Sarah Marchand is a born producer.
Taylor Trowbridge, Nightwood Theatre
Photo Cred: Graham Isador
Most of the work that I do is produced under my company name. In four years, Alma Matters Productions has brought fourteen unique, important, and timely projects to life. While the genre of performance varies, there are core values that I prioritize in every piece: Alma Matters Productions is committed to producing and creating works that examine social prejudices against mental health, ageism, gender disparity, body image and racial inequality. My Grandmother, Alma Decevito, was diagnosed with Alzheimer's Disease in 2000 and was told that she had at most five years to live. Yet thanks to her supportive community and determined nature, Alma kept thriving until 2017. People living with Alzheimer’s are often inappropriately described as ‘empty shells’ - a hollow vessel of the person they once were. However, given my volunteer experience with the Alzheimer’s Society and close relationship to my grandmother, I strongly stand against this viewpoint. Defying medical experts, I believe that the love and support Alma was given for seventeen years helped her to persevere. The Latin translation of alma (nourishing, kind), and mater (mother) reminds me of my maternal roots, and how it takes a community of love and support for individuals to flourish. The passion and dedication given to my grandmother is the kind of care I want to replicate in my theatre practice: everyone is welcome.
My experience comes from working on grassroots projects in independent theatre. I have collaborated with a diverse range of artists, including ESL, emerging artists, and artists with disabilities. For me, form and discipline are not mutually exclusive: when a creative team thrives, so does the art. It is important to me that I am sensitive to the specific needs of the work and artist. Recently, I co-produced the English premiere of Winter of ‘88 at the 2020 Next Stage Festival. Inspired by Director/Playwright Mohammad Yaghoubi’s experience living in Iran during the Iran-Iraq war. Winter of ‘88 received a NNNNN review from NOW magazine. In 2018, I co-produced the English premiere of Swim Team at the SummerWorks Festival. Inspired by the real stories of women’s sports in post-revolutionary Iran, Swim Team was listed in NOW’s “Best of the Fest” for Production, Direction, Ensemble and Design. Supported by The OAC, TAC, and CAC, Swim Team was remounted at The Theatre Centre in November 2019.
Sarah is very organized and committed. She is curious, responsible, and makes her directors feel safe and in good hands.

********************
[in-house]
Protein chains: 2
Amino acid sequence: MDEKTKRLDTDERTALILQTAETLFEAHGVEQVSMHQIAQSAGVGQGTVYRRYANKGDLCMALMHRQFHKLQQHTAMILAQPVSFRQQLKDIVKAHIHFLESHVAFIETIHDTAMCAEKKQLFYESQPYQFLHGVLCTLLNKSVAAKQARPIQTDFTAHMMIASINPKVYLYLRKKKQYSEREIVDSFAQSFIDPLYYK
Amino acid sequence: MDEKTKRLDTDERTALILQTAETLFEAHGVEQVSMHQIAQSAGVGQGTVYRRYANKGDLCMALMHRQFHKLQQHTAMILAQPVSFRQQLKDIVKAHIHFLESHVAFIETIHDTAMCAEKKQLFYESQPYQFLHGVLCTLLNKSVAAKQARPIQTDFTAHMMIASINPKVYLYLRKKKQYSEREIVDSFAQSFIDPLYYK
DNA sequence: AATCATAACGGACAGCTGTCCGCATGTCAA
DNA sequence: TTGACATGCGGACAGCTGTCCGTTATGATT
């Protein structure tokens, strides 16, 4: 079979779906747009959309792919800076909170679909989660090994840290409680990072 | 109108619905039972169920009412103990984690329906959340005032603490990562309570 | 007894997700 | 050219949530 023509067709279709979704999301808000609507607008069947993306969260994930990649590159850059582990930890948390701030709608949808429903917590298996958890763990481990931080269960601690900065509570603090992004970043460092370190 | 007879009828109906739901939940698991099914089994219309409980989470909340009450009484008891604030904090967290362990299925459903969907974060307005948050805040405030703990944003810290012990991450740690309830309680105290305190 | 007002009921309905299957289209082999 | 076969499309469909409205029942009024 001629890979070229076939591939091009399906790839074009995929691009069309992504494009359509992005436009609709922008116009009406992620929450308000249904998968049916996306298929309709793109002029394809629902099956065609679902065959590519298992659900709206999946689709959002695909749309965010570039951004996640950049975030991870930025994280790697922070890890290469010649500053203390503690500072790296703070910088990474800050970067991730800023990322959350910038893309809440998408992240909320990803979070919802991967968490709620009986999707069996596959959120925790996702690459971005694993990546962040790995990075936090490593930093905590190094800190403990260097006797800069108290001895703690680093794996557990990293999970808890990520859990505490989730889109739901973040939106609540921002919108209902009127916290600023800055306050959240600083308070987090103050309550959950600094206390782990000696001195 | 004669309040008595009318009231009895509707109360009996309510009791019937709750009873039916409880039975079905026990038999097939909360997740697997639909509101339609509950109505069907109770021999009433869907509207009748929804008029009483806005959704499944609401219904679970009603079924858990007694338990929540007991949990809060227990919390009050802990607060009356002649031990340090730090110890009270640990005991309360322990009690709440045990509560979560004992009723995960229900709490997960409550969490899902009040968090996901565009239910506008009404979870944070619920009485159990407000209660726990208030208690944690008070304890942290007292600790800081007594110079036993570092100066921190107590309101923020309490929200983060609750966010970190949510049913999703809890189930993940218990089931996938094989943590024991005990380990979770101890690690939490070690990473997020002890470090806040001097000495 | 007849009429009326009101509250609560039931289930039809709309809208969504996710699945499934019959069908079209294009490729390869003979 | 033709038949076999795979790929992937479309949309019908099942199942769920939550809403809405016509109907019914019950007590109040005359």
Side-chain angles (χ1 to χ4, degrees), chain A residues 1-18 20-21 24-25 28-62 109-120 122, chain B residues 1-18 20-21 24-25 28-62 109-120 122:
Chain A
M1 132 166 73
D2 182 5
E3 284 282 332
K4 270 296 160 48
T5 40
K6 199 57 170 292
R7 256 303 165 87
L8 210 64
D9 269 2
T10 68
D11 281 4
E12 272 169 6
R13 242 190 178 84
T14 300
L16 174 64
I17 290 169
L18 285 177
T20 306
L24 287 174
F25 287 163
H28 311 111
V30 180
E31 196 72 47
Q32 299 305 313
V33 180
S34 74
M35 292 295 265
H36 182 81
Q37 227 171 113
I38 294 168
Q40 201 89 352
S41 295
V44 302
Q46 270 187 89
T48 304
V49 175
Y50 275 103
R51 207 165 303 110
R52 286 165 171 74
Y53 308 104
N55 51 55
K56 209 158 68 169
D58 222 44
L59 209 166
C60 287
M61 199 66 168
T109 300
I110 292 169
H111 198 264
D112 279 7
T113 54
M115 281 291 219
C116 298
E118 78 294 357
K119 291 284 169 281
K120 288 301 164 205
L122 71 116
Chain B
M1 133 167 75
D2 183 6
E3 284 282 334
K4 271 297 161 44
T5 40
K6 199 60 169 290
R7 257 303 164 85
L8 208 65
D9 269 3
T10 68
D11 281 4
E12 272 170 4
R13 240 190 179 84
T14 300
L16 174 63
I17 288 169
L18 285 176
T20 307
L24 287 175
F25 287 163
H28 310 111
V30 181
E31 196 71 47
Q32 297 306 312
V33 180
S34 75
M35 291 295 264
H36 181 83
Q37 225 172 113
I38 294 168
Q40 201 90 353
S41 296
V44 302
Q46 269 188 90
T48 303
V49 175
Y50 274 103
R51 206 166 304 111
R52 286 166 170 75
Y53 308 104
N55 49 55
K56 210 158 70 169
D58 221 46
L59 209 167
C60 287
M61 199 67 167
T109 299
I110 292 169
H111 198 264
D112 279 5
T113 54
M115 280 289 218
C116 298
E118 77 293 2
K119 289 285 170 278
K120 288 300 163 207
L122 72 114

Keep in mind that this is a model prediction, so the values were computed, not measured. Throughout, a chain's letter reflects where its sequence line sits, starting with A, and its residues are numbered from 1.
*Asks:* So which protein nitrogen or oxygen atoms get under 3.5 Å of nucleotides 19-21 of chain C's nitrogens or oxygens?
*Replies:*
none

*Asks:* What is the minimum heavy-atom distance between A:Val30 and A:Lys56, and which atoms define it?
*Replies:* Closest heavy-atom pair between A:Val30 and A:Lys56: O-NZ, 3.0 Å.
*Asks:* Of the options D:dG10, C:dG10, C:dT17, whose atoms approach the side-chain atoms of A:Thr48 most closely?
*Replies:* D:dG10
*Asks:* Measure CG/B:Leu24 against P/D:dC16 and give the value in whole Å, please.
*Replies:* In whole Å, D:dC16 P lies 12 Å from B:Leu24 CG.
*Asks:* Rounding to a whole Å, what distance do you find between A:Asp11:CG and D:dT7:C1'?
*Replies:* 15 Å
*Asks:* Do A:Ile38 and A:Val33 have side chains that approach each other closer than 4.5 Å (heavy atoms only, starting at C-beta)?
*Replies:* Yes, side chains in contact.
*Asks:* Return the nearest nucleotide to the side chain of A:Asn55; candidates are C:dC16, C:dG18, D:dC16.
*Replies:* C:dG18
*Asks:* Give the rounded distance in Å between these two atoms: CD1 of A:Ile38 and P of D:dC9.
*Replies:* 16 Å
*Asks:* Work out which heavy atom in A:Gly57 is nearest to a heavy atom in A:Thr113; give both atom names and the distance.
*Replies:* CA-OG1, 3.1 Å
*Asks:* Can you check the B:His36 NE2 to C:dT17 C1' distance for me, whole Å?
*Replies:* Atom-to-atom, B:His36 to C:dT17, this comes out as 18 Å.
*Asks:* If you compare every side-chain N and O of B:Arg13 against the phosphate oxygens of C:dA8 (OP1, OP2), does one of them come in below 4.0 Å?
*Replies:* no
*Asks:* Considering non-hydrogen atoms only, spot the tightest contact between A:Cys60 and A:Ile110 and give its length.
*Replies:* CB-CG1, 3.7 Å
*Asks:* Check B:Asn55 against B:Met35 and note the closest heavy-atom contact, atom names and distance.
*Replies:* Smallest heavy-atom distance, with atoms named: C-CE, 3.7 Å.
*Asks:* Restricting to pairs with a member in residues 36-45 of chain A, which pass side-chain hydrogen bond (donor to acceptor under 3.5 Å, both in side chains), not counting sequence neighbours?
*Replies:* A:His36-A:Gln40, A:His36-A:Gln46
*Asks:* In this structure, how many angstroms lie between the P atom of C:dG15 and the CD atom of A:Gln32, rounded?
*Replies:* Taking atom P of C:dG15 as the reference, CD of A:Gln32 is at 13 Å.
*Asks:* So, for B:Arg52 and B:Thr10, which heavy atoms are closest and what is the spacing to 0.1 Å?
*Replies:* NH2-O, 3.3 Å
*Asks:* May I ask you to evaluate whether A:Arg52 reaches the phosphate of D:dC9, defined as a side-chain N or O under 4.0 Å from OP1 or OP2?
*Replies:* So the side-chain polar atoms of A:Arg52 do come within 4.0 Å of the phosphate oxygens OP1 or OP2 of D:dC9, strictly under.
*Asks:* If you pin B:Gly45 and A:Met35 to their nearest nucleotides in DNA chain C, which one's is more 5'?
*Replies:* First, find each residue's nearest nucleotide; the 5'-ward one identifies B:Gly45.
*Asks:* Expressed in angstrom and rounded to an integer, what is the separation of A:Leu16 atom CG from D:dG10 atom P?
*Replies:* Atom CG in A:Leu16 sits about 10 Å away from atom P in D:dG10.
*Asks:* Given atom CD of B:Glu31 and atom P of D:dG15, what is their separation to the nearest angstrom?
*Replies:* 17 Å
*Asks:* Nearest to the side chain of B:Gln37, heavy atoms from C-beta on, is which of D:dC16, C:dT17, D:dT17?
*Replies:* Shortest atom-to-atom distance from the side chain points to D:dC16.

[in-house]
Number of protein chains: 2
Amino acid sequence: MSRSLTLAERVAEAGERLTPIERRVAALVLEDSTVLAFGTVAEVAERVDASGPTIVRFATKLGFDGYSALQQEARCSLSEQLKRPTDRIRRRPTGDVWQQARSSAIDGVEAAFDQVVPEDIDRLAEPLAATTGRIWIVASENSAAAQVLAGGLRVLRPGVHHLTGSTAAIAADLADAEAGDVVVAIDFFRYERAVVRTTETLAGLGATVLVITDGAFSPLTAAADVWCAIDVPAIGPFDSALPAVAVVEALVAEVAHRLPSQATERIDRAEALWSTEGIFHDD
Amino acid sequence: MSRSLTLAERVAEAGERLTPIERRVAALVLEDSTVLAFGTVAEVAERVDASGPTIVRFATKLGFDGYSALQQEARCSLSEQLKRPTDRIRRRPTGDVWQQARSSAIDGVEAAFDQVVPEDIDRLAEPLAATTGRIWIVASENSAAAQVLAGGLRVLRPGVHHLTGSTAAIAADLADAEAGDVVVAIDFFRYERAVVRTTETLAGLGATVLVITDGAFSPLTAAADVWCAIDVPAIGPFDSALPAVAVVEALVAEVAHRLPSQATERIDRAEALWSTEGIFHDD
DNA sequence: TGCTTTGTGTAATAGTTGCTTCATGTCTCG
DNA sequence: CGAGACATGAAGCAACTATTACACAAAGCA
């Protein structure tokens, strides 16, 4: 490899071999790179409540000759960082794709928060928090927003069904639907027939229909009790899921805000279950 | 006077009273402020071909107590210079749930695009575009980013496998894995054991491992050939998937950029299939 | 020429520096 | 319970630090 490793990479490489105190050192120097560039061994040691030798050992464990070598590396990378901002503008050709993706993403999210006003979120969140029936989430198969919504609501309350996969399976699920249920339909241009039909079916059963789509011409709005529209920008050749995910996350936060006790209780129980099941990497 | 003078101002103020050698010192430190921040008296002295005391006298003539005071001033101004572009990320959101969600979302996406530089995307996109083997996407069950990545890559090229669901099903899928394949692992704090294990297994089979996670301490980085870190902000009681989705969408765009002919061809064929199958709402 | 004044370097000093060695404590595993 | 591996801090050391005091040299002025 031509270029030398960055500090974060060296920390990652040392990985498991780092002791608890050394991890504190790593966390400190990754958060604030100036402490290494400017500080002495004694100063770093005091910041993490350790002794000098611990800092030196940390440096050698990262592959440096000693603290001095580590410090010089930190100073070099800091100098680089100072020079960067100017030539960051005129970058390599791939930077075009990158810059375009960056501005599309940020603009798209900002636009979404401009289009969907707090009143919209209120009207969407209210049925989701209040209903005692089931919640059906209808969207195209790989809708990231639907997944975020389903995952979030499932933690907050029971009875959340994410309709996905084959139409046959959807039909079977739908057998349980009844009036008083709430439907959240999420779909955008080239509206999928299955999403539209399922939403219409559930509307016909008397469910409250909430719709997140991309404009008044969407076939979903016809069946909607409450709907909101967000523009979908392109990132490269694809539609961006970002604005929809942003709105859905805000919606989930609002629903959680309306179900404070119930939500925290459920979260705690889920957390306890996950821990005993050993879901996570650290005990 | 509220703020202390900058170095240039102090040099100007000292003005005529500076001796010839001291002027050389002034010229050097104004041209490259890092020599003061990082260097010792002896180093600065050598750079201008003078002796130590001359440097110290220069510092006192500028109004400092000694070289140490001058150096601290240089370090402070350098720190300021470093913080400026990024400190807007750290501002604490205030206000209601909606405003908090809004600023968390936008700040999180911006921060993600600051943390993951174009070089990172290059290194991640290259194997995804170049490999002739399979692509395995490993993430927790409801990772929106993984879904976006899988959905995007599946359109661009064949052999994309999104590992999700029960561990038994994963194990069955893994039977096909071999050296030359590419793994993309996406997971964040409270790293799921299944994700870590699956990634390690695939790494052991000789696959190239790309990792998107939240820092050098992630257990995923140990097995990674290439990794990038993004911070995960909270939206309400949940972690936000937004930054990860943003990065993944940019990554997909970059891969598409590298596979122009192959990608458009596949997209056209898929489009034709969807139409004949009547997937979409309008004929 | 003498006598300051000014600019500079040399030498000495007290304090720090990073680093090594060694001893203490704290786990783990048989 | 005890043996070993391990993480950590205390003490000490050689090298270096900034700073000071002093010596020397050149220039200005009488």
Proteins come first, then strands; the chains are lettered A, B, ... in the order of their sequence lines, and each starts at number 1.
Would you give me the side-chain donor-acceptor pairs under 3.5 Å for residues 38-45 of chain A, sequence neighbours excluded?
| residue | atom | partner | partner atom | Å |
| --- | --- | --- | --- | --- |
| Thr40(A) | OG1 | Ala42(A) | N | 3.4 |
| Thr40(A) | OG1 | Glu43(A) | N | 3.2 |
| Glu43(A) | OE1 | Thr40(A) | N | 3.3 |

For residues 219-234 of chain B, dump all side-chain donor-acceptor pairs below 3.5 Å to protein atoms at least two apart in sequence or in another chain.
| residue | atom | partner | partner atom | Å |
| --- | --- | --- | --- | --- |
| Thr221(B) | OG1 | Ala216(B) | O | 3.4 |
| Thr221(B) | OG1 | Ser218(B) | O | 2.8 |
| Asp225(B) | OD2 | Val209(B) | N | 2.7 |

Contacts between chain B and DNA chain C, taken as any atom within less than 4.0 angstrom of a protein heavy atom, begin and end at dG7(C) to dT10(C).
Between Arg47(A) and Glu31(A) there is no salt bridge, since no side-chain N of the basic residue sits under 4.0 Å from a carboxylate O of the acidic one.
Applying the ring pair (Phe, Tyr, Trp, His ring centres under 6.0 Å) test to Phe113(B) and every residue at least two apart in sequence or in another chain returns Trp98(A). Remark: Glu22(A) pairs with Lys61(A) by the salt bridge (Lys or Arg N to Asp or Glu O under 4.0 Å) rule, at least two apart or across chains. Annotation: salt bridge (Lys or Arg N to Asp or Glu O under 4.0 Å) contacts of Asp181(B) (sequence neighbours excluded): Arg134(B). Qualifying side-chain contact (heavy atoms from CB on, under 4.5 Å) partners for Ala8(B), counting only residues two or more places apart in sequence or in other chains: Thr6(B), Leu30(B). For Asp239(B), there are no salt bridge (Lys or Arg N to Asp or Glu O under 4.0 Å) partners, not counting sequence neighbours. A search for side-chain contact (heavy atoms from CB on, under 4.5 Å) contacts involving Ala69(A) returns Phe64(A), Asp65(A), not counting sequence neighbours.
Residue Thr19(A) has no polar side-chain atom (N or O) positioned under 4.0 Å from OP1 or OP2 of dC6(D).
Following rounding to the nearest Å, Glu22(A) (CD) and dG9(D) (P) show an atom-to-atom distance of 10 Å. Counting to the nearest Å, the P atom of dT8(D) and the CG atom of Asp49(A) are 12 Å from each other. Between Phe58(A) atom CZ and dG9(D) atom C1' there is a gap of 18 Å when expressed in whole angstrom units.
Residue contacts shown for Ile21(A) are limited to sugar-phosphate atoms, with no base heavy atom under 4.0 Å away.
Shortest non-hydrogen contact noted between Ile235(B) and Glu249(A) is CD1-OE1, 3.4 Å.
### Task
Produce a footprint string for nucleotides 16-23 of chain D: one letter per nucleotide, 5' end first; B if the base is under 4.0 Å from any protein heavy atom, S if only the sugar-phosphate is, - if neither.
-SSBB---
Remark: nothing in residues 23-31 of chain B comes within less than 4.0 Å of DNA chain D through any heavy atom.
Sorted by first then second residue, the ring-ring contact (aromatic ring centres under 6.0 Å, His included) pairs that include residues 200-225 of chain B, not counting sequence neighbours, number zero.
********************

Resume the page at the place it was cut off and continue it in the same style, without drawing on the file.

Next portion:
Aida Keykhaii, Nowadays Theatre
In 2019, I produced the Canadian debut of Non Gratas, an improv-comedy show that explores the experience of being latinx immigrants in North America. At the same time, I produced the premiere staging of Drink of Choice - a dark comedy exploring the often misunderstood and underrepresented world of asexuality. Winner of the 2019 Toronto Fringe Patron's Pick, Drink of Choice was picked up in the fall for a remount at Factory Studio Theatre.
As part of my artistic mandate, I am actively engaged in charity performances: Meggie McKinnon's Life Psycho made its premiere at the SOLOCOM Comedy Festival in New York City, which explores the playwright’s struggle to accept her mother’s terminal illness. Since 2018, I have produced Comedy Calorie, an ongoing cabaret series with proceeds going to Sheena’s Place, Ontario’s only nonprofit organization that helps people with eating disorders. In April 2019, I produced Dogma4Kidz, an evening of storytelling with all proceeds going to Birth Mark, a charity that assists in navigating the system of sexual, maternal and infant health in Toronto.
I want to dedicate my work to emerging artists and artists recently new to Canada. Having primarily worked with these artists, I want to ease the process of starting from scratch. It is deeply rewarding when I see projects in their infancy carry on to become sold out, award-winning productions.
For established theatre companies, I understand the fear of taking on a ‘new name’: What if they can’t bring an audience? While this concern is valid, my experience has shown this not to be the case. There are so many people in Toronto that are excited to come to the theatre, once they feel welcome to it. Sometimes, it is just a matter of thinking outside the usual demographic: people I speak with that don’t go to the theatre regularly often say that it’s “not for them”. As a producer, it is important for me to explore why people feel this way, and how theatre as an art form has created that (un)intentional reputation for itself. I’m still exploring this question, but each project brings me closer to the answer.
One of the hardest things about being a new artist in a new city is getting started. It can be quite daunting to knock on a theatre company’s door - as I continue to learn and grow, my hope is that new artists won’t have to worry about that, because my door will always be open.
Photo Cred: Liam Murray